Sushi, smoked salmon, or a tuna salad sandwich: Until now, it’s been impossible to know if the food on your plate has been caught illegally.
But researchers have a pretty good idea. According to Pew, illegal fishing accounts for up to $23.5 billion worth of seafood every year — or one out of every five fish taken from the ocean.
Illegal fishing is not only an industrial issue, either. It accounts for major environmental and human threats. A key driver of global overfishing, illegal fishing threatens marine ecosystems, increases food insecurity and regional economic instability, and is linked to huge human rights violations.
And Global Fishing Watch knows that something must be done.
The organization uses cutting-edge technology to create the world’s first livestream map monitoring the global fishing fleet and made it public and freely available to the entire world.
Basically, Global Fishing Watch keeps an eye on fishing across the globe and finally allows us to trace and track fishing activities better than ever before.
What started as a collaboration between Oceana, SkyTruth, and Google in 2015 is now an international data-organizing organization that keeps our oceans safe and sustainable.
A little over a year after its launch, Global Fishing Watch became a completely independent global nonprofit with the purpose of advancing ocean governance through increased transparency of human activity at sea.
This is done through free and public maps visualizations as well as data and analysis tools, which help everyone — regardless of their location — see what is going on in the ocean and subsequently protect biodiversity, fisheries, and livelihoods.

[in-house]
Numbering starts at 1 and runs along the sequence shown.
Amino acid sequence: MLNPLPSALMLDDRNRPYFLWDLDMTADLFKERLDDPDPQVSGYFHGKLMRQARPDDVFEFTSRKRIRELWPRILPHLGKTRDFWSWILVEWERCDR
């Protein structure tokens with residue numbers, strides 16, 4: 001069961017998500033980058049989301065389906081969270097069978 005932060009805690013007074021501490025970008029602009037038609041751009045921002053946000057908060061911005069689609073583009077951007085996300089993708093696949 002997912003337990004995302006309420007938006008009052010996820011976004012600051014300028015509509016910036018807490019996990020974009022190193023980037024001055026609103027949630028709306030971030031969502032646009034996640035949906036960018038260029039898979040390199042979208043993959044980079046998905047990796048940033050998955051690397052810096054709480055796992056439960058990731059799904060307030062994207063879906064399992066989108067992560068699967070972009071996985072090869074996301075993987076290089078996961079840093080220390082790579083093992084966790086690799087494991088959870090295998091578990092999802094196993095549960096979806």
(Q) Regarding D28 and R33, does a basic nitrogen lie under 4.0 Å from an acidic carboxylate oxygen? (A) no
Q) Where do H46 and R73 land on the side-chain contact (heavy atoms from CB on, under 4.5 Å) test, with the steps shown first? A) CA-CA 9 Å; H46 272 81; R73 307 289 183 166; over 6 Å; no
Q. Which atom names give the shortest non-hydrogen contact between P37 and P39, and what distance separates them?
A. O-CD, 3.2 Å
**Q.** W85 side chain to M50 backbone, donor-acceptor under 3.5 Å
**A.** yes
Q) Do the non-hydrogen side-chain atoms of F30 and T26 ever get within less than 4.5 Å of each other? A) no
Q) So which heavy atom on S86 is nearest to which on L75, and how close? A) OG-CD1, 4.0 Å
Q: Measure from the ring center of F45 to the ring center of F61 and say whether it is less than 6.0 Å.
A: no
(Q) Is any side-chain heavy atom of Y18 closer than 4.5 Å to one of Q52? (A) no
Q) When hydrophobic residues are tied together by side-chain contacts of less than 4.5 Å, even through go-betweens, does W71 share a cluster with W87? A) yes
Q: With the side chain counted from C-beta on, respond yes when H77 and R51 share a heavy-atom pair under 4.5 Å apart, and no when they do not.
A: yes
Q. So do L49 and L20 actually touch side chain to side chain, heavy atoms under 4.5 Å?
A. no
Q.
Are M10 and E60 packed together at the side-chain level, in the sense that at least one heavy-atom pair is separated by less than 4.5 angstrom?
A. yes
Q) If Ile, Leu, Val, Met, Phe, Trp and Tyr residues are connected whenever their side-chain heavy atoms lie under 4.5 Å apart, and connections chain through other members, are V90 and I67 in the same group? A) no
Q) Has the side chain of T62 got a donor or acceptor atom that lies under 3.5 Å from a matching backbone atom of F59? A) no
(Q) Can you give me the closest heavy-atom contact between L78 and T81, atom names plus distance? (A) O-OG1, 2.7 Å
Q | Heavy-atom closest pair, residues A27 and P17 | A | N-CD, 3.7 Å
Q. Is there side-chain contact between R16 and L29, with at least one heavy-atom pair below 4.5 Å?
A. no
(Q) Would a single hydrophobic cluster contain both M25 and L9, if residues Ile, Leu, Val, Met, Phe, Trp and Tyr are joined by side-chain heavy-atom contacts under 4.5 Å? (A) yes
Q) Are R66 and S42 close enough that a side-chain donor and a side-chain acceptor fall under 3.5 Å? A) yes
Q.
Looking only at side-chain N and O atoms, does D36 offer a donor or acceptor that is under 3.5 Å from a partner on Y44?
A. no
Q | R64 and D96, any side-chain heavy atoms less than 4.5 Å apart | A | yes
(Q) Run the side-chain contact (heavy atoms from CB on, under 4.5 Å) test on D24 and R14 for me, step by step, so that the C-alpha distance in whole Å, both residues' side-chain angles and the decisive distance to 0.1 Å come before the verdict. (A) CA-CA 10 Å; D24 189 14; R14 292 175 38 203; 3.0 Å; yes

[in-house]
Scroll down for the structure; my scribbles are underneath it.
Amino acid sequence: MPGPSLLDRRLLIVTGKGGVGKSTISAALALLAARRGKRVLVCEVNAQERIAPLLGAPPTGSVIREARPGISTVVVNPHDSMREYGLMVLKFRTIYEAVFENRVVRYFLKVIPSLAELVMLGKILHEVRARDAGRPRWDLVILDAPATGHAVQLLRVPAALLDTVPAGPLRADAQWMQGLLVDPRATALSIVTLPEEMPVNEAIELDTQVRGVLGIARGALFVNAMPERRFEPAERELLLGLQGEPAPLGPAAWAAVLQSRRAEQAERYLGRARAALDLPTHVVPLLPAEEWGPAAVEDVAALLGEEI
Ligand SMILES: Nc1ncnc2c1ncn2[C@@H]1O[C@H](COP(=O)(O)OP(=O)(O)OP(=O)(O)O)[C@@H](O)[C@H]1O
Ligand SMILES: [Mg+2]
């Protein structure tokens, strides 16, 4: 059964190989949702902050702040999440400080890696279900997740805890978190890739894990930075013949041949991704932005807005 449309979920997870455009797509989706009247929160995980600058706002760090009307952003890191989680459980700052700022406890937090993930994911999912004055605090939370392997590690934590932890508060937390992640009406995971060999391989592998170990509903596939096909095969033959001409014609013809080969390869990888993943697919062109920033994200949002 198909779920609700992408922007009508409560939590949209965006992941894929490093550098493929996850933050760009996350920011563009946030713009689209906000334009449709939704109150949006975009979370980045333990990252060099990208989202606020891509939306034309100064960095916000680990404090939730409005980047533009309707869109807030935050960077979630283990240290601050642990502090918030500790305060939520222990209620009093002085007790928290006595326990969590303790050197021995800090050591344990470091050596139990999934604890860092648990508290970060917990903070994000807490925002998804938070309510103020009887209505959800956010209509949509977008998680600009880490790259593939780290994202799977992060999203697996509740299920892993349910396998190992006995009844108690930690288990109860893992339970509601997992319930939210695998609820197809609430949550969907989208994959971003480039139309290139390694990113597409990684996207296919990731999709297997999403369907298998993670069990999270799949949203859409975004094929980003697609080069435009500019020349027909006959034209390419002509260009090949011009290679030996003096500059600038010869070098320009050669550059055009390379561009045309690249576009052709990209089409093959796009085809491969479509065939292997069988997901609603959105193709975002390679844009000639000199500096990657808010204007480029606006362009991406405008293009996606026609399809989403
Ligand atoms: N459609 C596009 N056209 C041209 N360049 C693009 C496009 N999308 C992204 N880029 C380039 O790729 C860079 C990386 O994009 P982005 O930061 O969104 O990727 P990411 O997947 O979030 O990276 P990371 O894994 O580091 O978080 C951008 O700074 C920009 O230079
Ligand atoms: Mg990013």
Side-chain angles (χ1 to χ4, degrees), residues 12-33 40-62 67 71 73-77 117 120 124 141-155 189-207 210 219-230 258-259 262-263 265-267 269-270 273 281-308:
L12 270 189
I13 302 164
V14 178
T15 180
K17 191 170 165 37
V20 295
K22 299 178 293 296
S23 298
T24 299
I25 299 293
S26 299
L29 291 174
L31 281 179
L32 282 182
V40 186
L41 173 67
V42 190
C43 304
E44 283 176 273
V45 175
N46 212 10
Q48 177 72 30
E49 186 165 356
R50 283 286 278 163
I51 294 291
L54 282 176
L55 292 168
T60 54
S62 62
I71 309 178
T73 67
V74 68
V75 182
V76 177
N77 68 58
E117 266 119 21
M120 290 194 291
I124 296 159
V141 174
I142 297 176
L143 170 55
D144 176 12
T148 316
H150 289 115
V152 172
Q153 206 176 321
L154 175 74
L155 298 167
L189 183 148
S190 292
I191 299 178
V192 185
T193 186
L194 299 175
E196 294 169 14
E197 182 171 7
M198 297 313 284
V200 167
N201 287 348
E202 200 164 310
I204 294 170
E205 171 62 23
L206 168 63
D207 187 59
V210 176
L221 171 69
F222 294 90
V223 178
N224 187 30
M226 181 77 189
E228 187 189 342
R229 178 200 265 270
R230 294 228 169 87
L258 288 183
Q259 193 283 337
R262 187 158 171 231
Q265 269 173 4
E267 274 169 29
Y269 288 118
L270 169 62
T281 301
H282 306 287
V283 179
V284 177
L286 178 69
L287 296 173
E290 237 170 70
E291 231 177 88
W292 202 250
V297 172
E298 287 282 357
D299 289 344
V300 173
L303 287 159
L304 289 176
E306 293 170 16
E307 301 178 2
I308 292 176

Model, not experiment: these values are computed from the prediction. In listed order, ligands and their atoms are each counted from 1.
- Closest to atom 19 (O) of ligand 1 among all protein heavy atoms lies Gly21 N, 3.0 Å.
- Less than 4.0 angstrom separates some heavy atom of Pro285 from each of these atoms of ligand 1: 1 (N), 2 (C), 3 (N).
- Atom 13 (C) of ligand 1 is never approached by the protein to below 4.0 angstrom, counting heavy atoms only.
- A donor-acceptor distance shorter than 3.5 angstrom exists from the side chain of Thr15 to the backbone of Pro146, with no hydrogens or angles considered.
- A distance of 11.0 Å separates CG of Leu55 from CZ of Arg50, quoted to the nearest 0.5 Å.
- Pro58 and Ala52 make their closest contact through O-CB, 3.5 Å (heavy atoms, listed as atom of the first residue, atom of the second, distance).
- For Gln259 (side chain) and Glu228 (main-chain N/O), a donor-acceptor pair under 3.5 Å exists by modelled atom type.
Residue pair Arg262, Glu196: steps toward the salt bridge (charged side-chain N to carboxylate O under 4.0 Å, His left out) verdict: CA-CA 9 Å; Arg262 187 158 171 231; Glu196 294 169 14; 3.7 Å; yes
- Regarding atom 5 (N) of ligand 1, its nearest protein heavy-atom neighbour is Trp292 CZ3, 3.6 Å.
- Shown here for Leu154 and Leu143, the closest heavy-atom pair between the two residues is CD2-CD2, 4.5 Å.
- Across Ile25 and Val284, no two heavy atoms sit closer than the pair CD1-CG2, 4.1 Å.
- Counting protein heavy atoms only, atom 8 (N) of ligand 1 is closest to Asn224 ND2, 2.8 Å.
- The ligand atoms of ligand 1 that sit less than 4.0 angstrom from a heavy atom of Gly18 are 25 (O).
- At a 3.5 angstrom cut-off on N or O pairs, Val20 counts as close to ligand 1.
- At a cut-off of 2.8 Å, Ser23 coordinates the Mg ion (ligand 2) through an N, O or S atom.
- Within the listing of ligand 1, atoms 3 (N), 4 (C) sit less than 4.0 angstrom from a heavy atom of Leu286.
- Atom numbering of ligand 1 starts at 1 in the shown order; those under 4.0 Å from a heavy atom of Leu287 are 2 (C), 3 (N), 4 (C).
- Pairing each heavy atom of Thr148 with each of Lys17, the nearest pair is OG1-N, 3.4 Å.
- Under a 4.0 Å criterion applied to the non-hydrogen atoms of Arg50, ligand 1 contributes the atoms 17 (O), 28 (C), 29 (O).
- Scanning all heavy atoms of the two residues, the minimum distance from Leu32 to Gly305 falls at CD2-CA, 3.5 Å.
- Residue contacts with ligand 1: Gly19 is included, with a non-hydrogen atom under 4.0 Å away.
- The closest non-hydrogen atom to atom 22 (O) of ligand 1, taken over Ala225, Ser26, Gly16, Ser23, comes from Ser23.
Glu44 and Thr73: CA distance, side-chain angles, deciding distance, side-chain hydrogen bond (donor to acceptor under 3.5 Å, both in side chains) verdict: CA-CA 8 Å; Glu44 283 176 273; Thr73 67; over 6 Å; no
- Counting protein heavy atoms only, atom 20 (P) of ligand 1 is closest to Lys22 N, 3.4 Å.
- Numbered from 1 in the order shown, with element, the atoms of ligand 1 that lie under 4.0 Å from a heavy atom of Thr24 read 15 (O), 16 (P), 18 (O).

“Fishing is one of the largest human activities out on the ocean,” Global Fishing Watch CEO, Tony Long, told Good Good Good. “Due to the size and scale of the ocean, it’s very difficult to monitor it. With overfishing being a huge problem — a third of the world’s fisheries are now overfished, and illegal and unreported fishing cause huge problems — we knew we had to shine a light on this activity.”
Global Fishing Watch allows free and unfettered access to data surrounding human activity in the ocean — specifically, of course, illegal and unregulated fishing.
Using satellite technology, cloud computing, and machine learning, Global Fishing Watch aggregates tracking data from a myriad of sources, processes it to be easily readable, and disseminates it to anyone with an internet connection.
With publicly available tracking sources like the automatic identification system, vessel monitoring system, public vessel registries, and satellite imaging, the organization’s tech synthesizes all of this data and puts it in one place.
“You can’t manage what you can’t see,” Long said. “This comes back to the basics of why Global Fishing Watch exists. We want to put in the hands of everybody who needs it, the information about what’s happening out on our ocean.”
After gathering all of this data, Global Fishing Watch uses algorithms and machine learning models to monitor the activity of fishing vessels at sea.
Combined with its wide-ranging database, this information can be organized into categories like “trawler,” “longliner,” or “cargo” to help better identify and monitor the movements of various shipping vessels at any given time.
But what about the vessels that go undetected?